A guide to 4WD water tanks for your next trip

When you can turn the tap on at home and get all the water you need, you often don’t realise the  importance that 4WD water tanks play in remote areas. If you have ever spent time driving in the outback, you will know that water, food and fuel are the three essentials to survival, along with reliable communications and good recovery gear. 

A lack in any one of these items and your survival is jeopardised, unless you can find help quickly. A lack of water however, can result in your demise within about three days, which is why 4WD water tanks are so vital for trips in remote areas. It’s all fair and well however, to say that you need to carry your own water, but how much do you need to carry?

How much water do you need to carry in 4WD water tanks?

Generally, most of us need between 2 to 3 litres of water each day, but in the hot, dry remote areas of Australia you should double this amount.

So to be conservative, it’s best to take the 3 litres and double it to give each person 6 litres of water per day, but don’t forget that this includes water for washing and cleaning your teeth. The absolute minimum amount of water you should hold in your 4WD water tanks is 2 litres per person per day, which doubled gives you 4 litres per day, but that is the worst case scenario.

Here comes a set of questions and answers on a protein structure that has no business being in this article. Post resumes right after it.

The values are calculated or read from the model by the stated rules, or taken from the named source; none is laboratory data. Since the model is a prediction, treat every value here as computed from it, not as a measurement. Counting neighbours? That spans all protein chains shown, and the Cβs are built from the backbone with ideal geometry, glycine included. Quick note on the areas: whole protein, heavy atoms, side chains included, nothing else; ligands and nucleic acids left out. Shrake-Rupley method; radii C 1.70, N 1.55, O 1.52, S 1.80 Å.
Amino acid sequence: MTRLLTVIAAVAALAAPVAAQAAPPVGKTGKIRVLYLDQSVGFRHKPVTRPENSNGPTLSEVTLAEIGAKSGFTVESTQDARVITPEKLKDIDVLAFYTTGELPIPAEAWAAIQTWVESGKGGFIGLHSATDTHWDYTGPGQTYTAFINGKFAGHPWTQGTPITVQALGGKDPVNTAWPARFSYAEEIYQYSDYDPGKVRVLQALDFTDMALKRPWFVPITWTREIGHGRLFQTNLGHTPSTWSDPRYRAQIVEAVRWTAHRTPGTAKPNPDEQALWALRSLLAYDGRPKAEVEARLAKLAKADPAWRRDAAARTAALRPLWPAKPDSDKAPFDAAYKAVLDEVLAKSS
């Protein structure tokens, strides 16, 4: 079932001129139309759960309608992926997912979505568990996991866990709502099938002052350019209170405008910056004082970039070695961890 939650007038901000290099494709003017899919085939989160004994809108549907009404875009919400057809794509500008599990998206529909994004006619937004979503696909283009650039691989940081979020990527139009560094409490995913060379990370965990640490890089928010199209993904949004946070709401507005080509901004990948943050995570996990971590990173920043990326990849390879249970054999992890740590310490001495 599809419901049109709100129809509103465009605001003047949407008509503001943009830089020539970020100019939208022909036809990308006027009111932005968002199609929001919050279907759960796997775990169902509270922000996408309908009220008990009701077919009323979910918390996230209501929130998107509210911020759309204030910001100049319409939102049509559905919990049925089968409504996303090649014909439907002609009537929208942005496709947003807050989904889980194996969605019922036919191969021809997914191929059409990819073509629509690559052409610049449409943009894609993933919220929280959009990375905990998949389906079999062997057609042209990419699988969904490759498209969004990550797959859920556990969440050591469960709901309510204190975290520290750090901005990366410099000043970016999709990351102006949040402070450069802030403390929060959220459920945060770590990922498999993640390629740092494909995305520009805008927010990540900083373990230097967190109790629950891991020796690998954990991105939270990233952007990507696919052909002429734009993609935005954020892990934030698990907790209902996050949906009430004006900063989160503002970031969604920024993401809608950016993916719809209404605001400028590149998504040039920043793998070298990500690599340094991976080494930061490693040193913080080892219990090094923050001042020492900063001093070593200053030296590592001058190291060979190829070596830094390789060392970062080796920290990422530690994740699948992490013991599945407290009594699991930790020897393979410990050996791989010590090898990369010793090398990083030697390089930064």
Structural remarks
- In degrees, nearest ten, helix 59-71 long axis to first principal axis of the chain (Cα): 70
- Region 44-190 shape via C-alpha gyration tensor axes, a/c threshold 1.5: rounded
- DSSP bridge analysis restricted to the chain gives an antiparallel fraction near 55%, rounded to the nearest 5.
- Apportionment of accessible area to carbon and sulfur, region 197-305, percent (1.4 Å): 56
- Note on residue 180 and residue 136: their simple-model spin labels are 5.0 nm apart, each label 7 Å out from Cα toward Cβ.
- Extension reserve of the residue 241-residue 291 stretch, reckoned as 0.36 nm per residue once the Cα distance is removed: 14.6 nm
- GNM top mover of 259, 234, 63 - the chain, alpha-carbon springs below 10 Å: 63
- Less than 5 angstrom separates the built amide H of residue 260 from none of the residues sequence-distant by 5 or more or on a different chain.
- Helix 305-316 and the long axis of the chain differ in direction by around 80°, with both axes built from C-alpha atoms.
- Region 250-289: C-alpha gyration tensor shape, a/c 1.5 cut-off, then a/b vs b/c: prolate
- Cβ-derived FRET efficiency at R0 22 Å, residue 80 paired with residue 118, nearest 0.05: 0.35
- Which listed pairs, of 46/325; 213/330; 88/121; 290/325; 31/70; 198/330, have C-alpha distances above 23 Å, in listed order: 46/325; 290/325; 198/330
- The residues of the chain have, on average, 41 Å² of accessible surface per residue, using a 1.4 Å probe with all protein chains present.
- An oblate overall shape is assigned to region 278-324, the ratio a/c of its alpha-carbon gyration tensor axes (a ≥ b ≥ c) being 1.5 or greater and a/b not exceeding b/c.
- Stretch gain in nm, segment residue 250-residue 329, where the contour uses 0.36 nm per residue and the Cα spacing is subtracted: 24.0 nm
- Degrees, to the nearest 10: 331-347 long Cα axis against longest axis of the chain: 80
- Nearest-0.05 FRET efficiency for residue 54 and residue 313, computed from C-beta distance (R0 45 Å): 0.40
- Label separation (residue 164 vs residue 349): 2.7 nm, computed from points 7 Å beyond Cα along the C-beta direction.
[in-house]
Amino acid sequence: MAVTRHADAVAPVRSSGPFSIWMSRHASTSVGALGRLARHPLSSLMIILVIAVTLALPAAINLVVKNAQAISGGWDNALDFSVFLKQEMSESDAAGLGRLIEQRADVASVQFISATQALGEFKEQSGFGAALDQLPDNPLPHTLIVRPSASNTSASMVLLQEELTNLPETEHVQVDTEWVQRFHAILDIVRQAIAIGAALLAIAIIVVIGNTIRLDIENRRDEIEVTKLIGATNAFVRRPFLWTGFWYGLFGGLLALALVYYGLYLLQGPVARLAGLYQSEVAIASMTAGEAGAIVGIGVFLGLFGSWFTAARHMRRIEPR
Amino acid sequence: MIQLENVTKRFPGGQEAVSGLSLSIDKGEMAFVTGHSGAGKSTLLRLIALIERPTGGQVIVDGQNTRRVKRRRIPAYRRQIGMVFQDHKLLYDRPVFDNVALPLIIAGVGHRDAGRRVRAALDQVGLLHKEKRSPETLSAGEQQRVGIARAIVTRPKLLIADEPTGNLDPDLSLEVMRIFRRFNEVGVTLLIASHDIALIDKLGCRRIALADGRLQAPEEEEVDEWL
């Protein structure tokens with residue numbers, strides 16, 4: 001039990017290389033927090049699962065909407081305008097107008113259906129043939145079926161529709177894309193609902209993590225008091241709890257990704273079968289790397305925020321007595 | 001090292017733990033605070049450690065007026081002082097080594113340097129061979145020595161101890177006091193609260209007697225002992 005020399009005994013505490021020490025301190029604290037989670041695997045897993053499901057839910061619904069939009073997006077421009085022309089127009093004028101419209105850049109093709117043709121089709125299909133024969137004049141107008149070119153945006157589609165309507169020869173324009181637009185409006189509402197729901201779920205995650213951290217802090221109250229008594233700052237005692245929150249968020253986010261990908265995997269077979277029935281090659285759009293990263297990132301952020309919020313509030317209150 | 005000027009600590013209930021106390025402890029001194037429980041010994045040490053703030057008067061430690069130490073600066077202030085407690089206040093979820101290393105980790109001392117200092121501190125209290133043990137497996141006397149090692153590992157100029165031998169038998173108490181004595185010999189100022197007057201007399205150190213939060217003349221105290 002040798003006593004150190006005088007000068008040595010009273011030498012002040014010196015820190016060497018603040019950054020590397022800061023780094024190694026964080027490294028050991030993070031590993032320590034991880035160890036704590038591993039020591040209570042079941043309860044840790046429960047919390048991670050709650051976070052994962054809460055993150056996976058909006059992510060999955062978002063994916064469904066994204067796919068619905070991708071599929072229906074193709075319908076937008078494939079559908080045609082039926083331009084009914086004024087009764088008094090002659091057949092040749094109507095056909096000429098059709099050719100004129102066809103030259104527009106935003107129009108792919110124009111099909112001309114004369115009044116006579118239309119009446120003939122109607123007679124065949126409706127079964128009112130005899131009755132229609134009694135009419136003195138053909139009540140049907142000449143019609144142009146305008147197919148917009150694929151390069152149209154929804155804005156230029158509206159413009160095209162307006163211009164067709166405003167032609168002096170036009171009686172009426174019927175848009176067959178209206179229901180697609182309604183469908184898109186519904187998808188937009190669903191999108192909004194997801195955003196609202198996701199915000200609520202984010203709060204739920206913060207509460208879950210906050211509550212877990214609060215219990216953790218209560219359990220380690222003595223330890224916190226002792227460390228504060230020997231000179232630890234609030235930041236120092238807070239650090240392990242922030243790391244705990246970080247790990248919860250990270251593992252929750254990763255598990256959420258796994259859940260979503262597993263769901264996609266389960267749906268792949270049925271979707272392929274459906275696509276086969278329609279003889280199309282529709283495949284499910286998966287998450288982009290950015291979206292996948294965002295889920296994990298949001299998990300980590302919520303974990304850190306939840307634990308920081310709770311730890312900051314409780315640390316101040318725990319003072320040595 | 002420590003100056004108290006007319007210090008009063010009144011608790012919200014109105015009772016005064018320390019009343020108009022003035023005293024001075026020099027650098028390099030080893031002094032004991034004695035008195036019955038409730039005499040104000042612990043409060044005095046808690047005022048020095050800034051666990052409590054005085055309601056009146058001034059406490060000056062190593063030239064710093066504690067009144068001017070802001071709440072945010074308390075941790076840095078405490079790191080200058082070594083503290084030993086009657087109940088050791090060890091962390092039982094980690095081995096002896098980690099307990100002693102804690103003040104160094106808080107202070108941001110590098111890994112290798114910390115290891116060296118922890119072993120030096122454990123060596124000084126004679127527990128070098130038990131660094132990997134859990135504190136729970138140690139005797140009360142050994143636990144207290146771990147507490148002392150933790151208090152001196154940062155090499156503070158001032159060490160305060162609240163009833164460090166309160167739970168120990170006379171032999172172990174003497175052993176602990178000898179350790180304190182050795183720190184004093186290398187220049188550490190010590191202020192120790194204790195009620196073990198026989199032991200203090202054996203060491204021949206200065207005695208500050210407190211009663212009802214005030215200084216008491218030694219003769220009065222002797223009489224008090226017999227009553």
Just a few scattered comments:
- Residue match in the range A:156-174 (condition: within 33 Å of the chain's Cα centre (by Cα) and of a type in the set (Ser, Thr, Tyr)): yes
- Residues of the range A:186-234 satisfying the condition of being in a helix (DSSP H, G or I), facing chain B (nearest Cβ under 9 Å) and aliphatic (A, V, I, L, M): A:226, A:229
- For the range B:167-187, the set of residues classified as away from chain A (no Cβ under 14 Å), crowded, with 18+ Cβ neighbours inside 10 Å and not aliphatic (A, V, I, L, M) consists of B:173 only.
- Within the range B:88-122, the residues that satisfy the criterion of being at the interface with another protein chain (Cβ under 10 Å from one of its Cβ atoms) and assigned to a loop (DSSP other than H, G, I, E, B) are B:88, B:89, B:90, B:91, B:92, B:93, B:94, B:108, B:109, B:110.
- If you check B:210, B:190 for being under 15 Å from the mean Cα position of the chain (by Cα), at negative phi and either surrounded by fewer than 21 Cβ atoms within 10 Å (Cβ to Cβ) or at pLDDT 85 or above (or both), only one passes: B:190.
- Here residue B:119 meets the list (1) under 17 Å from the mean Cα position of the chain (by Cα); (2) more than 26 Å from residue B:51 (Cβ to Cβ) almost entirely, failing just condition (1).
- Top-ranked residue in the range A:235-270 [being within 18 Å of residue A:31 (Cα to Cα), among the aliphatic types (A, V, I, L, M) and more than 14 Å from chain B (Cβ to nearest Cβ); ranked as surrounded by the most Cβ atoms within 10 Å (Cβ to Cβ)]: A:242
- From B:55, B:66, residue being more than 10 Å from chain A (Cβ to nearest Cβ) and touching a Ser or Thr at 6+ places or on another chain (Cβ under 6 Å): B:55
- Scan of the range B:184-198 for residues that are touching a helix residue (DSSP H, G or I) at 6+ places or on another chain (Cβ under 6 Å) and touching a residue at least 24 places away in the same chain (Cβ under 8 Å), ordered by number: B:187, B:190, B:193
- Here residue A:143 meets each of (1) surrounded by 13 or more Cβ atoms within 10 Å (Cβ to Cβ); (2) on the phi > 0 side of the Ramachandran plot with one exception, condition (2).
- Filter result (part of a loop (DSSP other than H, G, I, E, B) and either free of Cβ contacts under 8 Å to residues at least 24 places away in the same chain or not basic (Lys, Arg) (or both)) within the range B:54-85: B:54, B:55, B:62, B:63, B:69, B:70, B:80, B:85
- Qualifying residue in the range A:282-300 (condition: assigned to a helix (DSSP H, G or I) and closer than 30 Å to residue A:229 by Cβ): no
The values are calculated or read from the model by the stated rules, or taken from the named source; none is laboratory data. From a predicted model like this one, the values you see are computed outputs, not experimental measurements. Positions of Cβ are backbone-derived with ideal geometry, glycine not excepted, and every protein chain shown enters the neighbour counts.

As an example, based on 6 litres per person per day and 4 people in your vehicle for a 7 day trip in the outback, you will need to carry 168 litres of water. Based on the minimum of 4 litres per person per day, you need to carry 112 litres in total. So throwing a few bottles of springwater into your vehicle and hoping for the best, isn’t the best idea when you are heading off-road and into the centre of Australia.

What’s the best way to carry all this water?

Clearly 4WD water tanks are your best option, as these can carry a lot of water in one receptacle. These water tanks are usually made from stainless steel or hard plastic and are often fitted permanently underneath your 4WD, but can also be temporarily fitted into the cargo area. However, the best spot is usually underneath your vehicle, as this frees up space elsewhere for everything else you need to carry for your trip.

If you decide to install a water tank underneath your vehicle, you will usually find an off-the-shelf tank that suits your needs. Capacities that will be suitable for 4 people on a 7 day trip are 200 litres, based on 6 litres per day per person or 120 litres for the minimum 4 litres per person per day.

Always remember however, not to put all your water in one place, because if the tank springs a leak, you will have lost all your water.
The other safe option is to store water in jerry cans, either as an additional source of water or because you don’t want to install a water tank. You can also fill up plastic milk containers or purchase boxed springwater from supermarkets, but for an outback trip into remote Australia, 4WD water tanks and jerry cans are your best bet.